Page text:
As an NQT, my first full year of teaching seems to have flown by. It's been a busy year, and I still find myself thinking “Wow, I'm actually a teacher now!” I trained through a School Direct route which put me right in the centre of school life from day one. I had training in Reception, Year 3 and Year 6, and I am now the very proud teacher of a Year 2 class. In light of my training period coming to a close, here are some tips that I have put together to inspire anyone who is about to take the leap into the best profession in the whole world.
1. Be prepared
In the world of teaching, organisation is key. I would recommend buying a USB with a large memory, and also splashing out on a portable hard drive. This allows you to back up everything. I keep every lesson that I ever teach, labelled so that I can find it easily if I ever need it again. Also, get a good, sturdy diary and use this to help you balance your time. My biggest help during the summer leading up to my training year, was Sue Cowley’s How to Survive Your First Year in Teaching. This book is fantastic in preparing you for the start of life as a teacher. She has also written a book called Getting the Buggers to Behave which brings me onto my second point…
2. Know your behaviour policy
As someone who has found behaviour management challenging, I know that the behaviour in your classroom can be a make or break factor in your lessons and observations. It is a good idea to read your school’s behaviour policy very carefully to make sure that you are able to apply rewards and sanctions consistently and as they are intended. If you do find yourself in a school where the behaviour management policy is minimal, don't be afraid to introduce rewards systems for individual pupils (after discussing with your mentor) or to try different approaches. Some approaches work well for one class but will have no effect on another. It's all about being flexible, and getting to know the children.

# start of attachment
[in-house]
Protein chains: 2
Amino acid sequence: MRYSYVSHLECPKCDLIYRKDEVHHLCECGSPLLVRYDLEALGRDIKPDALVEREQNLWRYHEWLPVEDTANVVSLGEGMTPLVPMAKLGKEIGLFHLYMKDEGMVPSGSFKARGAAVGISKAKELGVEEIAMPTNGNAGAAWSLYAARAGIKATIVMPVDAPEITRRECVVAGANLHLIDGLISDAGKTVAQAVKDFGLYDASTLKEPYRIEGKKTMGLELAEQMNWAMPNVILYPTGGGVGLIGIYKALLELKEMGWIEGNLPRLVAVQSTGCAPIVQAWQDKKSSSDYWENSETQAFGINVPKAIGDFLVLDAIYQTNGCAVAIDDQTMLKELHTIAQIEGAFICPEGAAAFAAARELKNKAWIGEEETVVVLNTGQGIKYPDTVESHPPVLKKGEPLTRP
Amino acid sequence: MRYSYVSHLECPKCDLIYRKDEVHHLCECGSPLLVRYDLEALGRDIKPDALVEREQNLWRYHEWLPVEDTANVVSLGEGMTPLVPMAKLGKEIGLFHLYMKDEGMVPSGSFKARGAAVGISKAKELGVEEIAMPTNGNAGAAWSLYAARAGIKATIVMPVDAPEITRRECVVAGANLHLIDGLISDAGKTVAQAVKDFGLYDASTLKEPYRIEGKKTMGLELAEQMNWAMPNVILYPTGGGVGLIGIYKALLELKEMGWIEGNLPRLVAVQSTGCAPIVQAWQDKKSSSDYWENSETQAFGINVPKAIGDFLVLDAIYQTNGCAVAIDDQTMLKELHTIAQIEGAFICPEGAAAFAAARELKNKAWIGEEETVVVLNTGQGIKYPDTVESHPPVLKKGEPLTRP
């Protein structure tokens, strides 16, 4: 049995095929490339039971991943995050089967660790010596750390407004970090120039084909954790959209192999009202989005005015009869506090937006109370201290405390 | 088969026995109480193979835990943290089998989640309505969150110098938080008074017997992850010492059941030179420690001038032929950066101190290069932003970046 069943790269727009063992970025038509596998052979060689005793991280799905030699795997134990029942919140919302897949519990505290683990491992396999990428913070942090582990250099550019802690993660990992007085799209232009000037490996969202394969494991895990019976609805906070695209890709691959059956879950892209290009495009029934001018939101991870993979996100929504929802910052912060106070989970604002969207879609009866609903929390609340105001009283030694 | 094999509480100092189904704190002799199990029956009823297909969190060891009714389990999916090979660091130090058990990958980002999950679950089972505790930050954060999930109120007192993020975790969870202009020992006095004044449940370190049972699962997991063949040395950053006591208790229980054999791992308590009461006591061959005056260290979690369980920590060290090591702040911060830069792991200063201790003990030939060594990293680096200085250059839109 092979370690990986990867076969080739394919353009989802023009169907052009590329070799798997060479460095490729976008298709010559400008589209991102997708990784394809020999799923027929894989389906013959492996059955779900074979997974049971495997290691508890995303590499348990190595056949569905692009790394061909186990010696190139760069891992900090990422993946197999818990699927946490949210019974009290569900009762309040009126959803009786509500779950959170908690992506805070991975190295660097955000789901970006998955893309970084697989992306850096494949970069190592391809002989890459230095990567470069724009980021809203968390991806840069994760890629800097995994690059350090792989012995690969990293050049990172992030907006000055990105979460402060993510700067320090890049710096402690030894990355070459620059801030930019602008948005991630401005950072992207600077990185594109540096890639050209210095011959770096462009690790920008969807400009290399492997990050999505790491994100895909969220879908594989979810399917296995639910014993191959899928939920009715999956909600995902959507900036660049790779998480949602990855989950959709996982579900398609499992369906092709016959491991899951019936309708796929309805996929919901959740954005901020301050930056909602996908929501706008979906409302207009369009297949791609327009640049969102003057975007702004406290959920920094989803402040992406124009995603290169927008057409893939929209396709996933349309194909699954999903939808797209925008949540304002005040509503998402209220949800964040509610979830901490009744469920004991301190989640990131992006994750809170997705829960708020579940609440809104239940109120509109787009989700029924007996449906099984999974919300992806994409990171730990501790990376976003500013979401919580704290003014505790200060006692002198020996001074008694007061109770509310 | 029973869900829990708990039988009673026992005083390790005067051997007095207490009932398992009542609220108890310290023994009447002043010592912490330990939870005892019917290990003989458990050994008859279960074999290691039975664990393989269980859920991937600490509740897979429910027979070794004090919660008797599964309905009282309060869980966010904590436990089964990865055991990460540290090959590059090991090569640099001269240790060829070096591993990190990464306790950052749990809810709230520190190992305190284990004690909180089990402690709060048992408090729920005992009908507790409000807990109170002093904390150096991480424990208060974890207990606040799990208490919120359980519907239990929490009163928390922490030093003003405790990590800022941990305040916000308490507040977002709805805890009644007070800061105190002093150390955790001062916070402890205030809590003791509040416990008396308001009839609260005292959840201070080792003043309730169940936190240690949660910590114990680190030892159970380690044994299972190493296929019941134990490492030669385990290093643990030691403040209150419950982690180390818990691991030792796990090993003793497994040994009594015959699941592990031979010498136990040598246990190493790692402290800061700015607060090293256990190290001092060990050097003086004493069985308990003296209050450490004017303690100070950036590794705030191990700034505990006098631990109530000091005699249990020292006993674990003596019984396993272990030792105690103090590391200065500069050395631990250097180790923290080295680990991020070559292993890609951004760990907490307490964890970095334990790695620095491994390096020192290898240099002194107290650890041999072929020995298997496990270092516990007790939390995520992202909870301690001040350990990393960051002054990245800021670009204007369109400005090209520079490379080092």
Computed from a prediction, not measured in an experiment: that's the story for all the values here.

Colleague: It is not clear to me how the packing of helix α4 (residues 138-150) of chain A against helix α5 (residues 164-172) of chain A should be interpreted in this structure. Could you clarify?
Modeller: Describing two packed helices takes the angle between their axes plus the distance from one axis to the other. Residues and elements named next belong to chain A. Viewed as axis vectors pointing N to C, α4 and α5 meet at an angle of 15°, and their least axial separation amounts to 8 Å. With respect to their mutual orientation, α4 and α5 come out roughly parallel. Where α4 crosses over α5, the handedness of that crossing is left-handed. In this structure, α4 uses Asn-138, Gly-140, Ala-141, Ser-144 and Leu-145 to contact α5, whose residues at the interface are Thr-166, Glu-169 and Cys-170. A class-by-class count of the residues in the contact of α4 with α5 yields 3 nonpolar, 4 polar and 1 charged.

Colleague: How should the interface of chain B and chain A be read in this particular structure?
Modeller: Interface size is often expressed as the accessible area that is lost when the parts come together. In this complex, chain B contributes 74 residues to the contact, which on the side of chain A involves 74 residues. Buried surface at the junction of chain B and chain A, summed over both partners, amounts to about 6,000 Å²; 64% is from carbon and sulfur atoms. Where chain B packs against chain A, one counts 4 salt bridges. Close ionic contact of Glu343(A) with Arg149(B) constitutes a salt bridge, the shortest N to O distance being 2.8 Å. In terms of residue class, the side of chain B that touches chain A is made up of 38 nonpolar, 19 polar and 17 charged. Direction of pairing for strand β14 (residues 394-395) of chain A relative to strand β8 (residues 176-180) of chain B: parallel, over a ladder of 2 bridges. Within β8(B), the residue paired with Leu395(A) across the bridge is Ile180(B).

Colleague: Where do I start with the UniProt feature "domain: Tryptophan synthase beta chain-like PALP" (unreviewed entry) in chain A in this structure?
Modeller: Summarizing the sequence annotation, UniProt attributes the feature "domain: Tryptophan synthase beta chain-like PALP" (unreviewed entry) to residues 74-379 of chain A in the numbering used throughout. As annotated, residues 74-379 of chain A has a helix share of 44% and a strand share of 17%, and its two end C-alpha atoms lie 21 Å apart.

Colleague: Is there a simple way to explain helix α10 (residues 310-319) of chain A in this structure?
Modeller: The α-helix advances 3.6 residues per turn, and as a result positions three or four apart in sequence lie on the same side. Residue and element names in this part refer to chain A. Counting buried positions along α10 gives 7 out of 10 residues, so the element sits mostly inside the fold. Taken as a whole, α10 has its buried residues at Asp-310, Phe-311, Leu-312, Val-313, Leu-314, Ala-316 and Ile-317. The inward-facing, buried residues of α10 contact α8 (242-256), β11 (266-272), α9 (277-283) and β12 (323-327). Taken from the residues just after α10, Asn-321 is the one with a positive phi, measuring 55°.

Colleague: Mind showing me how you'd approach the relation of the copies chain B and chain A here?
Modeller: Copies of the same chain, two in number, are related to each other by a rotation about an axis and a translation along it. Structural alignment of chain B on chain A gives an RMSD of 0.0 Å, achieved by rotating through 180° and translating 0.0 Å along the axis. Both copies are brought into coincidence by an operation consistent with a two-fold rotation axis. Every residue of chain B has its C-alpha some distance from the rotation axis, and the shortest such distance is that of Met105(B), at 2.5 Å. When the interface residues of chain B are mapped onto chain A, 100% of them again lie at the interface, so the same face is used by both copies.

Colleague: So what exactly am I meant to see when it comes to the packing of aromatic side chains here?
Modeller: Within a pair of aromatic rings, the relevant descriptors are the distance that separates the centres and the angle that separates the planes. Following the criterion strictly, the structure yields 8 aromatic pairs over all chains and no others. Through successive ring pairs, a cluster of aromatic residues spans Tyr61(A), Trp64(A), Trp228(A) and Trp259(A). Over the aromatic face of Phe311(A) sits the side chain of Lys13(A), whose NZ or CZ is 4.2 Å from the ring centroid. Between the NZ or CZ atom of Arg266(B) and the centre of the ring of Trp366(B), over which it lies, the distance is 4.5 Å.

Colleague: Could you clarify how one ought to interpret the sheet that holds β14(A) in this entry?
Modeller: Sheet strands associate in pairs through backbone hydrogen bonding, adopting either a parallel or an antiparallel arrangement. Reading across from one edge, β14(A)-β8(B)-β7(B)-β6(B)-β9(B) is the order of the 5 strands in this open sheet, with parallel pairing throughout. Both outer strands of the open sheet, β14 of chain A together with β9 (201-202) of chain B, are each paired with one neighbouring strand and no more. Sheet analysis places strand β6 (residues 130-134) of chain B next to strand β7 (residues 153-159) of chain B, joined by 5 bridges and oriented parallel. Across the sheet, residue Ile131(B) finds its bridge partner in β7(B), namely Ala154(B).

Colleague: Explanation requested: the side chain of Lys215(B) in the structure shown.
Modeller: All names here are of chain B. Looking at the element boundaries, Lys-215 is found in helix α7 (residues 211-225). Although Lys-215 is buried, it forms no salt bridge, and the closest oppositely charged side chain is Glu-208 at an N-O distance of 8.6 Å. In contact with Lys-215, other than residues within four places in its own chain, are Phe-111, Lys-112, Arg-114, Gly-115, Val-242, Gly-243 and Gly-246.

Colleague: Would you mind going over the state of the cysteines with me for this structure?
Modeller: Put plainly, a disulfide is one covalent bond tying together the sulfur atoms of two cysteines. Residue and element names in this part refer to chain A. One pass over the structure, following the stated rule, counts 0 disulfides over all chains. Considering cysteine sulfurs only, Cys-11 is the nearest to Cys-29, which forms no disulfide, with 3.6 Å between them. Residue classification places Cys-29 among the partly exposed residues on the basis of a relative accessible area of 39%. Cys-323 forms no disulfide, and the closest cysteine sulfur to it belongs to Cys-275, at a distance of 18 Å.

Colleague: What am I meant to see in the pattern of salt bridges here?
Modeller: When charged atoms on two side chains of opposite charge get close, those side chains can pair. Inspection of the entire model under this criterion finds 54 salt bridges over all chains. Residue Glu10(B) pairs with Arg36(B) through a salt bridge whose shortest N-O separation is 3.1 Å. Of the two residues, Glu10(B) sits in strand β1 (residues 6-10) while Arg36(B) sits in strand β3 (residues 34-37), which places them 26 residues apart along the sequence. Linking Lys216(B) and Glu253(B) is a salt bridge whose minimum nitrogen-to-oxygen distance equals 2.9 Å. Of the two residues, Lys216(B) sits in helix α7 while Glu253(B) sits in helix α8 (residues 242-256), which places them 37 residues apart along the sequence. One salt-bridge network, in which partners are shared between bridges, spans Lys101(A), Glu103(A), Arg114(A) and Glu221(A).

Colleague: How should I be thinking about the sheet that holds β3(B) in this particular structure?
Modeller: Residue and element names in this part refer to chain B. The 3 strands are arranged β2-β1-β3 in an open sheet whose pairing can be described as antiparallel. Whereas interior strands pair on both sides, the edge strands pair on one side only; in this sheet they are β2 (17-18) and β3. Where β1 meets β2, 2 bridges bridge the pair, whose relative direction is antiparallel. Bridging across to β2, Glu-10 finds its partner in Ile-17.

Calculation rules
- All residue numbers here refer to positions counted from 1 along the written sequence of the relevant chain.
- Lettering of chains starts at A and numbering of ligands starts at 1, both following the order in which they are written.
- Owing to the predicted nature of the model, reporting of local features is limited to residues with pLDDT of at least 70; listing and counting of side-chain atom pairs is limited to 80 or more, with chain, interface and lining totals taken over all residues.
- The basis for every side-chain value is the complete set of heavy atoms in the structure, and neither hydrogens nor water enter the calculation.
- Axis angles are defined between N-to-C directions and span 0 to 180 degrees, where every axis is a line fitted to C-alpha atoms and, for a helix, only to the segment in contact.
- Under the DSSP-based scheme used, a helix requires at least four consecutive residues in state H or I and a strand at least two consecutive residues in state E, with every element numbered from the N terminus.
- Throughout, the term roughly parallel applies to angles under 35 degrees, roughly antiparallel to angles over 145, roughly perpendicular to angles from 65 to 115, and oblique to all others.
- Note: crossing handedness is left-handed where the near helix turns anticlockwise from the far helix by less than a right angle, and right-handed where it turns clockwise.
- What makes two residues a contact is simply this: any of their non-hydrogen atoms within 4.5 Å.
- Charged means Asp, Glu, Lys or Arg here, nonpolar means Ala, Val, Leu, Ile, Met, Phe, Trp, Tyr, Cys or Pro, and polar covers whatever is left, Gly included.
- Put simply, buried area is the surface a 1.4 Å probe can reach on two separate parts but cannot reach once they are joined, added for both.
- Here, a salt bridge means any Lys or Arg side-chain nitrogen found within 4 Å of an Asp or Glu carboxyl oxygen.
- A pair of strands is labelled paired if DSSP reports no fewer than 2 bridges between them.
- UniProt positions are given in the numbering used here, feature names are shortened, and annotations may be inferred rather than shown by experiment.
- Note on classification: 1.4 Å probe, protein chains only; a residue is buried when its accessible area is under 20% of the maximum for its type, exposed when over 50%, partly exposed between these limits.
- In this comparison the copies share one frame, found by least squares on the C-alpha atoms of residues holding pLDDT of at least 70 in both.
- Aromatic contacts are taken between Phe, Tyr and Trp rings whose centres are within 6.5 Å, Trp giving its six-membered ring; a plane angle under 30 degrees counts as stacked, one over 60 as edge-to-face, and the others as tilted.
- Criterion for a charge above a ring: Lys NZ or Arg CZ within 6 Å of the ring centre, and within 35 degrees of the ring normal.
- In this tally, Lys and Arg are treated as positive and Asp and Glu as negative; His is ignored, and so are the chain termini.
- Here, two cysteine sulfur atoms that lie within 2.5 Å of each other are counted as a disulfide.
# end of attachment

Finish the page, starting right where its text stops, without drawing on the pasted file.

3. Try new things
Don't ever be afraid to try something new in the classroom. Just because you're a trainee teacher, it doesn't mean that your contributions and ideas are not valid. Are you experienced in using an iPad? Introduce it into your lessons. Have you thought of a school trip that would fit perfectly with a topic that you are teaching? Suggest it to your mentor. Some of my best observations have come from trying something new. Sometimes a trainee or someone who is new to a setting can provide a fresh perspective.
4. Share, share, share!